Get our free email newsletter with just one click

Harry Potter and the Cursed Child picks up 10 nods for New York’s Outer Critics Circle Awards

The cast of Harry Potter and the Cursed Child at New York’s Lyric Theatre. Photo: Manuel Harlan
by -

Harry Potter and the Cursed Child has received 10 nominations for this year’s Outer Critics Circle Awards in New York.

The play, produced by Sonia Friedman, has received nods in categories including outstanding new Broadway play, where it is nominated opposite fellow British productions Lucy Kirkwood’s The Children, and Farinelli and the King.

Harry Potter has also picked up nods for best new score, best choreographer, best costume design and its lighting and sound. Actor Anthony Boyle has also been nominated in the featured actor in a play section.

Other UK nominees include Hangmen, which is up for outstanding new Off-Broadway play and Angels in America, which is up for six gongs, including outstanding revival of a play. This category also sees Travesties, starring Tom Hollander, nominated.

Travesties has a total of three nods, including one for Patrick Marber for his direction. The play originally ran at the Menier Chocolate Factory. Marber is nominated alongside Marianne Elliott for Angels in America and John Tiffany for Harry Potter.

Paule Constable’s lighting for Angels in America receives a nod in the lighting design category, with actor Andrew Garfield up for outstanding actor in a play. This category also includes Hollander for Travesties.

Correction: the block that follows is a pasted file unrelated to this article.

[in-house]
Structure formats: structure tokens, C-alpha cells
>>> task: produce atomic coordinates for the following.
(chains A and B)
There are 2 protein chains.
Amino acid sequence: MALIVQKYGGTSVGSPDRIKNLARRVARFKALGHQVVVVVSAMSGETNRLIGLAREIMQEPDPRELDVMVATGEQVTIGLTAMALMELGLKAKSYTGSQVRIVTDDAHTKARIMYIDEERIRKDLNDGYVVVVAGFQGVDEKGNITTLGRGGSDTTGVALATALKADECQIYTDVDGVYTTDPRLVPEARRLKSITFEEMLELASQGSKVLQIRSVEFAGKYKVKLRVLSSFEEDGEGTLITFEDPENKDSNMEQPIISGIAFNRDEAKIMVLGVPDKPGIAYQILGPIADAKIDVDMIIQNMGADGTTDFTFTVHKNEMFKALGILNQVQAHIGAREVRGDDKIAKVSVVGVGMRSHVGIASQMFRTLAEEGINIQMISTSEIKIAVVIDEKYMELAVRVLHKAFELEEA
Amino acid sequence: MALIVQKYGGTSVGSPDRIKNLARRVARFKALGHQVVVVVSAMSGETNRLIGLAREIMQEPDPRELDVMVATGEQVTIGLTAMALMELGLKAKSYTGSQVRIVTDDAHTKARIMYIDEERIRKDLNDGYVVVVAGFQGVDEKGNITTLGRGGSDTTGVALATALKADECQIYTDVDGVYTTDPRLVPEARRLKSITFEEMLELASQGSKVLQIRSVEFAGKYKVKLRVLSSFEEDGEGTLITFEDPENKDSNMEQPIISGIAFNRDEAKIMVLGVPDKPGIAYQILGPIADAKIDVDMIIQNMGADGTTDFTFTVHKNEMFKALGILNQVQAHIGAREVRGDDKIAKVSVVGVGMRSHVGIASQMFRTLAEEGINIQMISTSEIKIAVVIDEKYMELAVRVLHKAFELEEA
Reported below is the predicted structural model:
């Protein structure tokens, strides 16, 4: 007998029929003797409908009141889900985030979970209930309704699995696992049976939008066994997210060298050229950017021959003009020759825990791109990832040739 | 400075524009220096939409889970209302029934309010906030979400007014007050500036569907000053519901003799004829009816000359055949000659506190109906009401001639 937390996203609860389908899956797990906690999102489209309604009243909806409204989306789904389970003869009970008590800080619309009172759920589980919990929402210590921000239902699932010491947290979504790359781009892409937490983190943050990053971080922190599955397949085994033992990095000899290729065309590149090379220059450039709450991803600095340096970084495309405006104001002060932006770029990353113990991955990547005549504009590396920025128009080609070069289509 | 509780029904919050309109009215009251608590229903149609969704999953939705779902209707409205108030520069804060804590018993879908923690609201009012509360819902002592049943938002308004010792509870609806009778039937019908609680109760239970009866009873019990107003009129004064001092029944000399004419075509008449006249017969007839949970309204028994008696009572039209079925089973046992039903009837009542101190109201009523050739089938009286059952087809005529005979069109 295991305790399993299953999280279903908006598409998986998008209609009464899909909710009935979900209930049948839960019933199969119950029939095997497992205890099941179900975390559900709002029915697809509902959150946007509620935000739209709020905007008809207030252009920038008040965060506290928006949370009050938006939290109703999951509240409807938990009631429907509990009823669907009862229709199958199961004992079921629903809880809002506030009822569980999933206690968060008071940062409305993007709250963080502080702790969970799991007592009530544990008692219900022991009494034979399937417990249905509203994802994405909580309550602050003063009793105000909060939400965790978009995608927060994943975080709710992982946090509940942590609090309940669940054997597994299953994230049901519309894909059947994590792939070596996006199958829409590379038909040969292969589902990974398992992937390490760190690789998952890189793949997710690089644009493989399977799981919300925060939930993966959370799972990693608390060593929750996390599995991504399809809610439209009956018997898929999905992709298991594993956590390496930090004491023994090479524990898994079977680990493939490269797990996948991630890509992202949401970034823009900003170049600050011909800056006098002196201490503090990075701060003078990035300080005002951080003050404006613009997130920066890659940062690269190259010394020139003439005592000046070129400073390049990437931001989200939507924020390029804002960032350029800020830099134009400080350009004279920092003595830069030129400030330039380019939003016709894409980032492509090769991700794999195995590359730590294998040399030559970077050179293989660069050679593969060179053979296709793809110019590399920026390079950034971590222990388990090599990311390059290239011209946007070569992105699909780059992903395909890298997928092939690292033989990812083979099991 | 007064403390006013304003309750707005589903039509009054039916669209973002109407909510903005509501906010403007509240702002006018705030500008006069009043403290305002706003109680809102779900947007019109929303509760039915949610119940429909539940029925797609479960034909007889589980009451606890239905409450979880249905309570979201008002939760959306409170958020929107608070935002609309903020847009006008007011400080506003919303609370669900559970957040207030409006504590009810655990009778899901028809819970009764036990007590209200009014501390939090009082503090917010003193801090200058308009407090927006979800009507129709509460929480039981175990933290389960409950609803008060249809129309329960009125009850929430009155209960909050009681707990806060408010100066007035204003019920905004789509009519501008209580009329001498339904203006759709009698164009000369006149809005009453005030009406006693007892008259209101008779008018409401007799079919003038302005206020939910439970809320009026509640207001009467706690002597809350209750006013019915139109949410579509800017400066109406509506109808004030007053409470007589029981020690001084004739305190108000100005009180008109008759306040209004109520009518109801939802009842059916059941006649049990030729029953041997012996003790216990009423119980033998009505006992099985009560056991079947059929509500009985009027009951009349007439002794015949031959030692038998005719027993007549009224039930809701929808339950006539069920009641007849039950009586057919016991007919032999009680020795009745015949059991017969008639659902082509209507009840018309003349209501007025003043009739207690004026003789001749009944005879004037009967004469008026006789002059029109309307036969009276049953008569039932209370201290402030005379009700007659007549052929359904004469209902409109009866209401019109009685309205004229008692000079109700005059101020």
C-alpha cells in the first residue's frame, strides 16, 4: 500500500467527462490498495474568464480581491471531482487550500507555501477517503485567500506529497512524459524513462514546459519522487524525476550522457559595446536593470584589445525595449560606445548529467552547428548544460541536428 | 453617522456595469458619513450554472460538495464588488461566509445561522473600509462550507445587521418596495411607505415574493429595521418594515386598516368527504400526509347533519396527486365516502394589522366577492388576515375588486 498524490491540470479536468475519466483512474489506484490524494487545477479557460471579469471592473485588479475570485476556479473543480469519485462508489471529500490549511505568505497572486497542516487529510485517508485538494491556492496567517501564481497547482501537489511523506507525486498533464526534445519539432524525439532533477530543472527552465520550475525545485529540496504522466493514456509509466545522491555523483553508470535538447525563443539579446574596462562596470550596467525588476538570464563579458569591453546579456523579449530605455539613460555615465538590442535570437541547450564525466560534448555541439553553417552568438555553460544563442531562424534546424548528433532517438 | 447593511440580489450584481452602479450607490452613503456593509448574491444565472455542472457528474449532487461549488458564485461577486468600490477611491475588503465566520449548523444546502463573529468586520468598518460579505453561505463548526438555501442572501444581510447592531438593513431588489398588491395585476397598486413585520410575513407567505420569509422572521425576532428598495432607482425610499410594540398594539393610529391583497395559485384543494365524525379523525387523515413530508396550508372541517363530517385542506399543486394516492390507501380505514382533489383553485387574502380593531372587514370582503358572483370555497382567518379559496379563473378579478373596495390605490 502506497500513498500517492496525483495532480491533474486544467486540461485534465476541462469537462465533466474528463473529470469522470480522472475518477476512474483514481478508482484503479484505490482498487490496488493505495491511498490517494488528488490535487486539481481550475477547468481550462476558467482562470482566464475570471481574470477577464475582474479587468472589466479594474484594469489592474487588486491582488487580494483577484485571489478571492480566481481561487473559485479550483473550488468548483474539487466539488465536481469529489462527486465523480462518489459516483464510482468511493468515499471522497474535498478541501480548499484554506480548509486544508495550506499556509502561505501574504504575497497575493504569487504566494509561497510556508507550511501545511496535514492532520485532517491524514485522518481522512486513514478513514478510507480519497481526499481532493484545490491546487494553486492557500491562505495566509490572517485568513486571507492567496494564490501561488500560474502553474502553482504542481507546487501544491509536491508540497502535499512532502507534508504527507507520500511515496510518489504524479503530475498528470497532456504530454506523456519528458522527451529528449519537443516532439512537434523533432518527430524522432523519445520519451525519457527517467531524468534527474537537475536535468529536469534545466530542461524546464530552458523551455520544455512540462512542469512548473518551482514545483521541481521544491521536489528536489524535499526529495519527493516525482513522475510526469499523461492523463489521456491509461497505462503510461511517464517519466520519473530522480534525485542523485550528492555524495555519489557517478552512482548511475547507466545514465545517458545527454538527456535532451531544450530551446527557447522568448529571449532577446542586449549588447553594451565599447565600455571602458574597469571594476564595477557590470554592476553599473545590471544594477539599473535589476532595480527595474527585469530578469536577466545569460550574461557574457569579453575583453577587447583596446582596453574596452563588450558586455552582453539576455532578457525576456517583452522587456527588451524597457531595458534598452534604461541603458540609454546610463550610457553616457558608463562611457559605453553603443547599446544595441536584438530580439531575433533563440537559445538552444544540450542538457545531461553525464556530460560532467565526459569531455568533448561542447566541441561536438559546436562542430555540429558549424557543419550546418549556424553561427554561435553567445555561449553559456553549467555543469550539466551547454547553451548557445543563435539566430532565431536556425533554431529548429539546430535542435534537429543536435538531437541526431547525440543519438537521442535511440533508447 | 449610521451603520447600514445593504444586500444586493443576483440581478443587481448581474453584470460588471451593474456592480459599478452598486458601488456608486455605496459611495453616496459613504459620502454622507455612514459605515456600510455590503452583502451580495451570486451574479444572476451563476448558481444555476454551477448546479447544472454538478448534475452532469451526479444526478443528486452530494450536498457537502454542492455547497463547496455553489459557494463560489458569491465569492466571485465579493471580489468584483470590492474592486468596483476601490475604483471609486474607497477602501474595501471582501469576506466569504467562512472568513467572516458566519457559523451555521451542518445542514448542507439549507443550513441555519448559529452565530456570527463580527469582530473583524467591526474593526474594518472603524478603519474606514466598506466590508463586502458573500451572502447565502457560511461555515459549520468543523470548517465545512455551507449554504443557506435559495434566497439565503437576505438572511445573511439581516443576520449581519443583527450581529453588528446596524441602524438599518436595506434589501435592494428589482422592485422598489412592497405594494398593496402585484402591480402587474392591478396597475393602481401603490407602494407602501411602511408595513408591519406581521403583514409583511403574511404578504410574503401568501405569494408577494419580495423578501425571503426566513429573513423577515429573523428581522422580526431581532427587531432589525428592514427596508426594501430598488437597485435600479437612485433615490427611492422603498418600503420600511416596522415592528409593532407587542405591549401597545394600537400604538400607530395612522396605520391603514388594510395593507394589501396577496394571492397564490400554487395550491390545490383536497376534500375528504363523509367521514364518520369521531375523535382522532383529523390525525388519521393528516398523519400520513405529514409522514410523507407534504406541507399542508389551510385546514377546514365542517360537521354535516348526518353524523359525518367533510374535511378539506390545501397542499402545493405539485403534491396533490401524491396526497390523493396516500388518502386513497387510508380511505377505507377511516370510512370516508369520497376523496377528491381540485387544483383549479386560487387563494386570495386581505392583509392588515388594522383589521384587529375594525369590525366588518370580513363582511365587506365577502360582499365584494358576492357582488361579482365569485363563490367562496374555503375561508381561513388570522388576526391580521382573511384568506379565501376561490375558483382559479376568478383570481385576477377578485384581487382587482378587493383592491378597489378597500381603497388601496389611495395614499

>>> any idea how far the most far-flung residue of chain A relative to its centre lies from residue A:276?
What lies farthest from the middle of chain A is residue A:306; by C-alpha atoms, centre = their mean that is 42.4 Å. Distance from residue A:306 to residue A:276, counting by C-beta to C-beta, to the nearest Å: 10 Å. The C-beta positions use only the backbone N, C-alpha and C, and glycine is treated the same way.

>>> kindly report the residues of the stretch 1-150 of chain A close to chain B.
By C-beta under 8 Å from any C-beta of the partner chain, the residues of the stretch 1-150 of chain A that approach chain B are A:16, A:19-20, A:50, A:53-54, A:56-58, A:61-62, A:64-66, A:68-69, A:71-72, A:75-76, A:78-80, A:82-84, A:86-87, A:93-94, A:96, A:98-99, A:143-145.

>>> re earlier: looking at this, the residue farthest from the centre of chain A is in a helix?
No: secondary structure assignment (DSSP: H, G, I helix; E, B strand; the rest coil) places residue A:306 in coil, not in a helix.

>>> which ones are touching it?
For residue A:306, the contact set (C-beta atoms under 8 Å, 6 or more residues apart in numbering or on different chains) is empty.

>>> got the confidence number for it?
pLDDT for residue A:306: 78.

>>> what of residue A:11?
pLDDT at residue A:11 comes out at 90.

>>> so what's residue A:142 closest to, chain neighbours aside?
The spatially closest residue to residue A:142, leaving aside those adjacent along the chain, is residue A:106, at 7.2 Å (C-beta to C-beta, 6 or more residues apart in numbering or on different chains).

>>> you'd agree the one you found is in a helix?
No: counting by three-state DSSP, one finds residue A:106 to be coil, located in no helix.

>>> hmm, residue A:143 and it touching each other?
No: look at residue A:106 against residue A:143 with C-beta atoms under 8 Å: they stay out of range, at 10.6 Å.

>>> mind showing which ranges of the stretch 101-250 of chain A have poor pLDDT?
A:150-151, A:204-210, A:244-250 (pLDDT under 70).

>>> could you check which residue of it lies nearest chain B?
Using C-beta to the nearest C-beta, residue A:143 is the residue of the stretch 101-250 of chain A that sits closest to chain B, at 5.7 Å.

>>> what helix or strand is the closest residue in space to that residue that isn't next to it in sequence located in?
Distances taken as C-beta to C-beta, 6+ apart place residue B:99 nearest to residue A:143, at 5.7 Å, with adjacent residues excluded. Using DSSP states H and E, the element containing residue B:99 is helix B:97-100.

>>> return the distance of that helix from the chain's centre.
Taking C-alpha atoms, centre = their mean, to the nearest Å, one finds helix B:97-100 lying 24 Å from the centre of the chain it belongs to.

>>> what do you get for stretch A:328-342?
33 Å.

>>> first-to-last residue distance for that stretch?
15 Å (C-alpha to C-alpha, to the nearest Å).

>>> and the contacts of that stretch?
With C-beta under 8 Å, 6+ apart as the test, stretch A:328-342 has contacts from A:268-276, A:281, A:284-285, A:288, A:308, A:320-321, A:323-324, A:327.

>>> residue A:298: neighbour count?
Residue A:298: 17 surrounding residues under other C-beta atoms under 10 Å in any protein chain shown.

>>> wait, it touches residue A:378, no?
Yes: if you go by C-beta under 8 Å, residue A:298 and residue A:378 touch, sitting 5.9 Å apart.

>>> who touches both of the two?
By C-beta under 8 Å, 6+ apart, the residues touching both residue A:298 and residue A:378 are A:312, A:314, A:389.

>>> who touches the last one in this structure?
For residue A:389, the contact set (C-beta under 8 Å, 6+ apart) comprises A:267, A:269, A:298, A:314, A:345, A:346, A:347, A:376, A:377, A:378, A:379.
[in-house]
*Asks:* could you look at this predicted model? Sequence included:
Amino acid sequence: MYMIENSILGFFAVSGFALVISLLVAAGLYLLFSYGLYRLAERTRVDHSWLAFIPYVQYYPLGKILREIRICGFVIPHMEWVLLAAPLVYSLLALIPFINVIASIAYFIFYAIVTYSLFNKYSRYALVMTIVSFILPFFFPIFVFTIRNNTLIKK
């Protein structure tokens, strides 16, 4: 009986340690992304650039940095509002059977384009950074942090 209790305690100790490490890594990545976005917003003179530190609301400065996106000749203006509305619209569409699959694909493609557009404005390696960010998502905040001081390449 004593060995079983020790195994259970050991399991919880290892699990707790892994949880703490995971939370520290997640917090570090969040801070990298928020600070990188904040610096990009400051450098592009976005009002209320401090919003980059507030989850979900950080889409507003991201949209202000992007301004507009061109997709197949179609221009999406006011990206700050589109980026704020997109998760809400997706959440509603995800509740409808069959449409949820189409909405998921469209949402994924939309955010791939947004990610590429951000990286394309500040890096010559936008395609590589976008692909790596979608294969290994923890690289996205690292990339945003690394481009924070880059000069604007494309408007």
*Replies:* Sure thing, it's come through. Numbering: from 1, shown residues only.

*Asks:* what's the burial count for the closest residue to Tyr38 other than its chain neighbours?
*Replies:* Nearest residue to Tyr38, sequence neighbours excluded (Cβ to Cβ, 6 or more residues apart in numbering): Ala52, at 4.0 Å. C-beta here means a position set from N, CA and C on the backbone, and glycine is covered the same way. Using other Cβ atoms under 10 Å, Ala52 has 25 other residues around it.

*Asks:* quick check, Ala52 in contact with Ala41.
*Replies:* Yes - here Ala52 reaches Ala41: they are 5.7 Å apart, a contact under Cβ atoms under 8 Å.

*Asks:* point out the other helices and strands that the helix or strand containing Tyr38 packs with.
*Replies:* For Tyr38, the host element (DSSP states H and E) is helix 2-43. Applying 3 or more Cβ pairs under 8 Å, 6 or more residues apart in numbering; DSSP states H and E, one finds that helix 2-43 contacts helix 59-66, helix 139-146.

Angels in America’s Denise Gough is nominated in the featured actress in a play section, with Glenda Jackson up for outstanding actress in a play for Three Tall Women.

The awards will be presented on May 7.


We need your help…

When you subscribe to The Stage, you’re investing in our journalism. And our journalism is invested in supporting theatre and the performing arts.

The Stage is a family business, operated by the same family since we were founded in 1880. We do not receive government funding. We are not owned by a large corporation. Our editorial is not dictated by ticket sales.

We are fully independent, but this means we rely on revenue from readers to survive.

Help us continue to report on great work across the UK, champion new talent and keep up our investigative journalism that holds the powerful to account. Your subscription helps ensure our journalism can continue.